Saturday, November 15, 2008
Wind, Fire, Birds, Bikes...
Just another average day in California. I rode my bike to Upper Newport Bay to search out some birds this morning - an especially high tide was scheduled to flood the marsh. High tide is generally not a good time for birding estuaries - most of the birds congregate on usually distant islands of higher ground. However, this tide was so high that it completely flooded the bay, forcing lots of birds out of cover. My mom and I birded Upper Newport Bay yesterday, and we saw a Short-eared Owl, Eurasian Wigeon, and other cool birds near the Muth Interpretive Center. I decided to ride down there to try to add the owl to my Bigby list, and also to see what else would show up.
Unfortunately, it was just about the worst day I could have chosen for a bike ride. Temperatures soared into the nineties, and Santa Ana winds - hot, dry winds blowing in off the desert - gusted all day, completely drying out the air. I merrily pedaled down there, a strong tailwind at my back. The air was so dry that I was thirsty before I had even left my garage. Still, I managed to get down to the bay in one piece, arriving just after eight a.m. at the traditional spot for scoping the bay at high tide - the end of the boardwalk near the center.
A few other birders arrived, and we chatted and scanned the marsh as the water slowly rose. After a short time, I spotted the Short-eared Owl sitting on a partially submerged stick. It was waaay out in the marsh, and it was little more than a speck. However, it took off after several minutes and cruised around on slow, buoyant wingbeats. Yes! A new Bigby bird, and a pretty nifty one at that. "Worth riding fifteen miles for," I mentioned to the birder next to me. He gave me a look of both admiration and horror and replied "No wonder you're so skinny!"
As the water rose even higher, it began revealing secretive marsh birds that are normally very difficult to find. Clapper Rails started popping out everywhere, standing in water up to their bellies, trying to wait out the high water. Someone spotted an American Bittern poking up out of the cord grass, and then another, and another... all in all we estimated there were at least SEVEN American Bitterns in this one relatively small area. This is an extraordinary count for Orange County! This is not a Bigby bird for me, but almost is; I've seen only one previously.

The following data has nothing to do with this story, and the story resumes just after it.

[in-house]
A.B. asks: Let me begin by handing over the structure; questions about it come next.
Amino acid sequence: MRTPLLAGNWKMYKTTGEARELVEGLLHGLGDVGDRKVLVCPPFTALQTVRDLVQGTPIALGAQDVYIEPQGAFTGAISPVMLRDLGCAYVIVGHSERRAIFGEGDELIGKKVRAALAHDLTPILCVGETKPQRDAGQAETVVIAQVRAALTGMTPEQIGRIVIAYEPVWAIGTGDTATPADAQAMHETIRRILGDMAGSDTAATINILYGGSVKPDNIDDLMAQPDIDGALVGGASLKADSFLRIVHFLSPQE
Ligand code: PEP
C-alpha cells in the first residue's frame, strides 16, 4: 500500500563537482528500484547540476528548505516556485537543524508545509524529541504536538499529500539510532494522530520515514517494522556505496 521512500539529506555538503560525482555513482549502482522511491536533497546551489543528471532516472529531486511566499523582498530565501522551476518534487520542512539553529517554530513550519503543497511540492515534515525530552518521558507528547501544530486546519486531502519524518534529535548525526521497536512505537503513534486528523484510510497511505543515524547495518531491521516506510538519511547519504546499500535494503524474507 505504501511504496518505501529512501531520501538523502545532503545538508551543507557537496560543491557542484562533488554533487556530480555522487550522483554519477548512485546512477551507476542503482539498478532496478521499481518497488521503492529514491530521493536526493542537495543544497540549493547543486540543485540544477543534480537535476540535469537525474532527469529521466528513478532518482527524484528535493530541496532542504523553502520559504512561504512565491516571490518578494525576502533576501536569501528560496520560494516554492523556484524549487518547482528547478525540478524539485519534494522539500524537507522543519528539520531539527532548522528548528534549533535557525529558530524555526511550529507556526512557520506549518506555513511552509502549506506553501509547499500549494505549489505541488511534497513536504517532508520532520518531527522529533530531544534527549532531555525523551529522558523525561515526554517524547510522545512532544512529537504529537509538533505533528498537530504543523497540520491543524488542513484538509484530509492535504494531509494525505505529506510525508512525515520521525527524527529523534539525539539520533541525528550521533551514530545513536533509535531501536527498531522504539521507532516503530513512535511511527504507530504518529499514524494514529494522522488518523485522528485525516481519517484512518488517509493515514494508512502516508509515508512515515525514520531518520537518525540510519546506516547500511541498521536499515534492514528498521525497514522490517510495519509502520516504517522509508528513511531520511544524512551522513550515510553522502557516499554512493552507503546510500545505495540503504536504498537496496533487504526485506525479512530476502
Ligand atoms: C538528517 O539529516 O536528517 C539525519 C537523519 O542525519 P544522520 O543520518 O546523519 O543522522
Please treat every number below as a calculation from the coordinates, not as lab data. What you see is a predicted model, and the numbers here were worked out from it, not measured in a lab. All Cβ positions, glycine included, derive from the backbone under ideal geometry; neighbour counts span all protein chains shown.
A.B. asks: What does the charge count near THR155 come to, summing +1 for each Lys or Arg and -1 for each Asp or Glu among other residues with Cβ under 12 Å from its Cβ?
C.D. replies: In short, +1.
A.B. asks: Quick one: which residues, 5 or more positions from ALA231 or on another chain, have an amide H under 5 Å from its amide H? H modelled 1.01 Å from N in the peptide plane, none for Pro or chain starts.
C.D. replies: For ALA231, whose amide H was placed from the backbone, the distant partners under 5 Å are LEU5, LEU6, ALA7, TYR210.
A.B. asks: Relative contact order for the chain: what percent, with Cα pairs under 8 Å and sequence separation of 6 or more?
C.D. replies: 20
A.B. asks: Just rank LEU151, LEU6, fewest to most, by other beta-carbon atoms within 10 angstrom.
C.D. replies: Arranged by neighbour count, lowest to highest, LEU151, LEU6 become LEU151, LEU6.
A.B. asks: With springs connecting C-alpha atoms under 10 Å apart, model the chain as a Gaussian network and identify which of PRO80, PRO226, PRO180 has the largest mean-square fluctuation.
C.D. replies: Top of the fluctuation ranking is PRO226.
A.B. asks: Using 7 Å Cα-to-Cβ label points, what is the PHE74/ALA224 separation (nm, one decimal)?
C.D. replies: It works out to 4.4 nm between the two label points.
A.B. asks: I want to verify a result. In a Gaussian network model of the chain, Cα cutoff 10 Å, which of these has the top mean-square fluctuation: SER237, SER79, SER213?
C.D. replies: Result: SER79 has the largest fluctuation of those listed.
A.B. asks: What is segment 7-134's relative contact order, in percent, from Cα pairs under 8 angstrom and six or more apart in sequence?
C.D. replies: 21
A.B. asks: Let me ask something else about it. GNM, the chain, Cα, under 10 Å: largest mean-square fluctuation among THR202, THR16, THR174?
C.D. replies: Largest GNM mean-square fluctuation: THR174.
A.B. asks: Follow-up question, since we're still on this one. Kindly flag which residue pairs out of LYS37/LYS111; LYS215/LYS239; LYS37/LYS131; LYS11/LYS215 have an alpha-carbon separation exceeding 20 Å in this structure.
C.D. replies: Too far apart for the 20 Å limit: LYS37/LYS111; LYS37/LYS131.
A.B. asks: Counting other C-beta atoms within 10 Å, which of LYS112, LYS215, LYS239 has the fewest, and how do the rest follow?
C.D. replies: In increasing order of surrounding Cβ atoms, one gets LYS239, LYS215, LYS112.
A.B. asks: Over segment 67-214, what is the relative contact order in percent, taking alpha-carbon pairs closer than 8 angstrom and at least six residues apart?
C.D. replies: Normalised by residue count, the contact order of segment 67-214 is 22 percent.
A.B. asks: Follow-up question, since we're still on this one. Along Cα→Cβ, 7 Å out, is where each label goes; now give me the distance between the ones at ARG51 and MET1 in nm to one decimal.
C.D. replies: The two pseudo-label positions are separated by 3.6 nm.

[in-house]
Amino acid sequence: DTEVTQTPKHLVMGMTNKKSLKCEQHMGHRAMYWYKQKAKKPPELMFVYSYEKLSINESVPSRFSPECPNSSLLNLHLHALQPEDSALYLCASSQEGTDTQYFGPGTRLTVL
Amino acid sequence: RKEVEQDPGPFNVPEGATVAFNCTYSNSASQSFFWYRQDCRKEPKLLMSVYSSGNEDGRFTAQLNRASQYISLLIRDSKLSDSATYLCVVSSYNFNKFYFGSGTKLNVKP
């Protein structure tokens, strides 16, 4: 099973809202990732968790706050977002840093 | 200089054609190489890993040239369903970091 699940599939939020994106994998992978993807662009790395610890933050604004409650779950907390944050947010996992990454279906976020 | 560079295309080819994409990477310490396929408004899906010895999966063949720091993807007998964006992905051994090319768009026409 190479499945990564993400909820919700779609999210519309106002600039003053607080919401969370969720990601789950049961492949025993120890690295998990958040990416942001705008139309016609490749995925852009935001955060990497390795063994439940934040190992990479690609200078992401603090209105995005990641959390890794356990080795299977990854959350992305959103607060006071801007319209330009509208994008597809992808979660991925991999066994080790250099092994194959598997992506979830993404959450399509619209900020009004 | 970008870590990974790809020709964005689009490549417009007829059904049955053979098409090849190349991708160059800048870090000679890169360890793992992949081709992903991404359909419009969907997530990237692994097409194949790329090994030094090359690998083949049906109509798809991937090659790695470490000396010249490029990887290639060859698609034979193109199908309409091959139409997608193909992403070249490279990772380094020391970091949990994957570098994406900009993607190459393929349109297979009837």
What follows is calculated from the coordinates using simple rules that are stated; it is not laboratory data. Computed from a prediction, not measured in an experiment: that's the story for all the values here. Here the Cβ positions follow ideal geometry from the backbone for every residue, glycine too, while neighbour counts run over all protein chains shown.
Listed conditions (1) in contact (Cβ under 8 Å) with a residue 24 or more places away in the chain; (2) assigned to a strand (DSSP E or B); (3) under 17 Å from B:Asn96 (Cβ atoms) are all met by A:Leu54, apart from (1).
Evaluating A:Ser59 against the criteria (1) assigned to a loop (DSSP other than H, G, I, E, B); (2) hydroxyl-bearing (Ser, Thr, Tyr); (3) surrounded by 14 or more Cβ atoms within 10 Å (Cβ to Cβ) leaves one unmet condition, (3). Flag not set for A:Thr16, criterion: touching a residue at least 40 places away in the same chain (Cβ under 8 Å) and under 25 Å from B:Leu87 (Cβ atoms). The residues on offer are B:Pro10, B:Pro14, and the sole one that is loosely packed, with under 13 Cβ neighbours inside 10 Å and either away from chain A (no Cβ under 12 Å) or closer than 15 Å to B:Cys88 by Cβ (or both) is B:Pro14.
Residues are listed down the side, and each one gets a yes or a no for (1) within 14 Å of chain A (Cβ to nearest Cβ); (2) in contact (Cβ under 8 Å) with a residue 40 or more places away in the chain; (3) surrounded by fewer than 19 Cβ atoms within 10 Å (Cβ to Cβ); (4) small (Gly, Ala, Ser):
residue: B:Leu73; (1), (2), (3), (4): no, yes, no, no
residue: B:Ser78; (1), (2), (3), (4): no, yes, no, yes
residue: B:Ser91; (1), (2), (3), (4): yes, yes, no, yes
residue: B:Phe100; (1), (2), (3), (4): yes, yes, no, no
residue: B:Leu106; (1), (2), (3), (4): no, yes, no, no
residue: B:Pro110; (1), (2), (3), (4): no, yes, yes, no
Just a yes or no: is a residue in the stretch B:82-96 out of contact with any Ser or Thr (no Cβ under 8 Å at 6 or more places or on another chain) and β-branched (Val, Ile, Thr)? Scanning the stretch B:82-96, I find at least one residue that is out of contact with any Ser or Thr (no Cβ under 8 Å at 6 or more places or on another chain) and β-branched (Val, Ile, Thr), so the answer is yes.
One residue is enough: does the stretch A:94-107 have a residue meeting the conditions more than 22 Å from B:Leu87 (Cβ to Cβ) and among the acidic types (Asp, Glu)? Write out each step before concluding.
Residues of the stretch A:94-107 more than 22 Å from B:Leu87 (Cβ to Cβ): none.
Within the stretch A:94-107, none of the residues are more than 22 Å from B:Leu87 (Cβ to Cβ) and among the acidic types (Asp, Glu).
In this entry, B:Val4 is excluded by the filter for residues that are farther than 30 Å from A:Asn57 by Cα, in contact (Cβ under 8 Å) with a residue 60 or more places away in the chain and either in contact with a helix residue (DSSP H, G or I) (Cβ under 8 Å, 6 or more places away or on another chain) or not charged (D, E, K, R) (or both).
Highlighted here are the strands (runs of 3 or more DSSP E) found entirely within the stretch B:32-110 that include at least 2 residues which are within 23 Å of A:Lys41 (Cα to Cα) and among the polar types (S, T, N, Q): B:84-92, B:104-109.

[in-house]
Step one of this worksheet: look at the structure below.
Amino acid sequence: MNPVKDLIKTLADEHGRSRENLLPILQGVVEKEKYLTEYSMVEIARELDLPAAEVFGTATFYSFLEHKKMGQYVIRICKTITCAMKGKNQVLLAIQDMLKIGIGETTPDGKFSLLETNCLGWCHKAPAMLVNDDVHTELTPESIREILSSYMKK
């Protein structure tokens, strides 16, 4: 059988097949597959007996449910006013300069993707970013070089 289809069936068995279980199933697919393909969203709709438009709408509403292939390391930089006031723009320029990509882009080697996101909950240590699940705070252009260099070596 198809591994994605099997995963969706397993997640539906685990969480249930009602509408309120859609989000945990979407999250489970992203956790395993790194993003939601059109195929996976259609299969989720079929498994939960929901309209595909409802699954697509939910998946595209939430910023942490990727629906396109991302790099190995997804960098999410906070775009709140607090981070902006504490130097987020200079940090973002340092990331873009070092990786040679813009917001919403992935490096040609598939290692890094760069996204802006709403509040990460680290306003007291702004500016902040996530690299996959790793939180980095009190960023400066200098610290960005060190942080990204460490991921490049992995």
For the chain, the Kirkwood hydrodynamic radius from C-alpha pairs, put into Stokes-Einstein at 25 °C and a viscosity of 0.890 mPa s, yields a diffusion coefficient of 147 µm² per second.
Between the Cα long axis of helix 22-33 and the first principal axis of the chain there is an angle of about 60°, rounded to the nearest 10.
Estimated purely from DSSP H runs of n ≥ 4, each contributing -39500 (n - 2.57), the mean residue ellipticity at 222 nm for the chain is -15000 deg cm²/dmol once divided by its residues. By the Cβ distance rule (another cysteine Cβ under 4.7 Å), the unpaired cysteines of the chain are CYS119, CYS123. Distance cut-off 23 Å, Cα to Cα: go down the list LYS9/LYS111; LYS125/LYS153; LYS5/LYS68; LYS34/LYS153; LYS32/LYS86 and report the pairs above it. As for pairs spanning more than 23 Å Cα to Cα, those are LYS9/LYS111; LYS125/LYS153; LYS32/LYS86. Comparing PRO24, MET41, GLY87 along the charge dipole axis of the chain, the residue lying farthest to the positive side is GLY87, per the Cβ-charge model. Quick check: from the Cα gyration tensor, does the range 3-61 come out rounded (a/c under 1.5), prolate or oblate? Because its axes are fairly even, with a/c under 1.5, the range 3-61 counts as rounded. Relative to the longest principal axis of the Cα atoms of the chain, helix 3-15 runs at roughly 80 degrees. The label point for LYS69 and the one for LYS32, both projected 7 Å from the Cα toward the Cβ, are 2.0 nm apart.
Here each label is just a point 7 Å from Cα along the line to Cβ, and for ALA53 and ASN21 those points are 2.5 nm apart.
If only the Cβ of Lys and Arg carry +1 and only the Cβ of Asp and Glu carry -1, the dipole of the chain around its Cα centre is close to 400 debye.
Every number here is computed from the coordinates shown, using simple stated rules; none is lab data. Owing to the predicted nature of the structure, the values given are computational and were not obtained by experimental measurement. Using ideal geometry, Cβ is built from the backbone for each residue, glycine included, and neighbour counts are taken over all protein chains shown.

I started to feel sorry for a lot of the rails. They were being slowly pushed into the open by the water. There were many Soras in the area, many swimming to higher ground. Why, why why do they swim clumsily to higher ground when they could simply fly?? They slowly inched across the channel of deep water. One encountered a large reed floating in the water and attempted to dive under it. Soras are not very good at diving, and it got about half-way under the reed. It continued across the channel, dragging the reed along with it. After about two hours of watching, I counted about fifteen Clapper Rails, ten or twelve Soras, and two Virginia Rails.
Around ten forty-five, I started to head for home. The tailwind had helped me reach the bay very quickly, but now I was laboring into a very strong headwind that was constantly blowing dry air and dust into my eyes. I decided to stop at San Joaquin Wildlife Sanctuary, mostly just to get a Coke, but also maybe to check a few of the ponds. I walked around the first three ponds, finding nothing unusual. As I was scanning Pond C with my binoculars, I spotted a couple small brown ducks with brown crests. I instantly knew they were female Hooded Mergansers, and grabbed my scope to get a better view. This is a very suprising bonus - another new Bigby bird. I looked around to make sure no one was watching and whooped and did a little happy dance to celebrate.
Now it was time to head home in earnest. I gulped vast amounts of water, stopping at every single drinking fountain I came across to refill my bottle. I noticed an enormous cloud of smoke in the direction of home. A call home revealed that a wildfire had broken out near the Orange County/Riverside County border. The cloud grew larger and larger, looking eerily like a mushroom cloud.
When I walked in the door, exhausted, I was stunned to see my parents watching a news station showing frightening coverage of homes and buildings being devouring by gigantic flames licking up into the sky. The fire, named the "Freeway Complex Fire", has burned dozens of houses and is being driven by the fierce winds. Right now the fire is about five and a half miles from my house - I hope it stays away from my neighborhood and local birding patches! Good luck to the firefighters fighting this and other wildfires raging in southern California right now.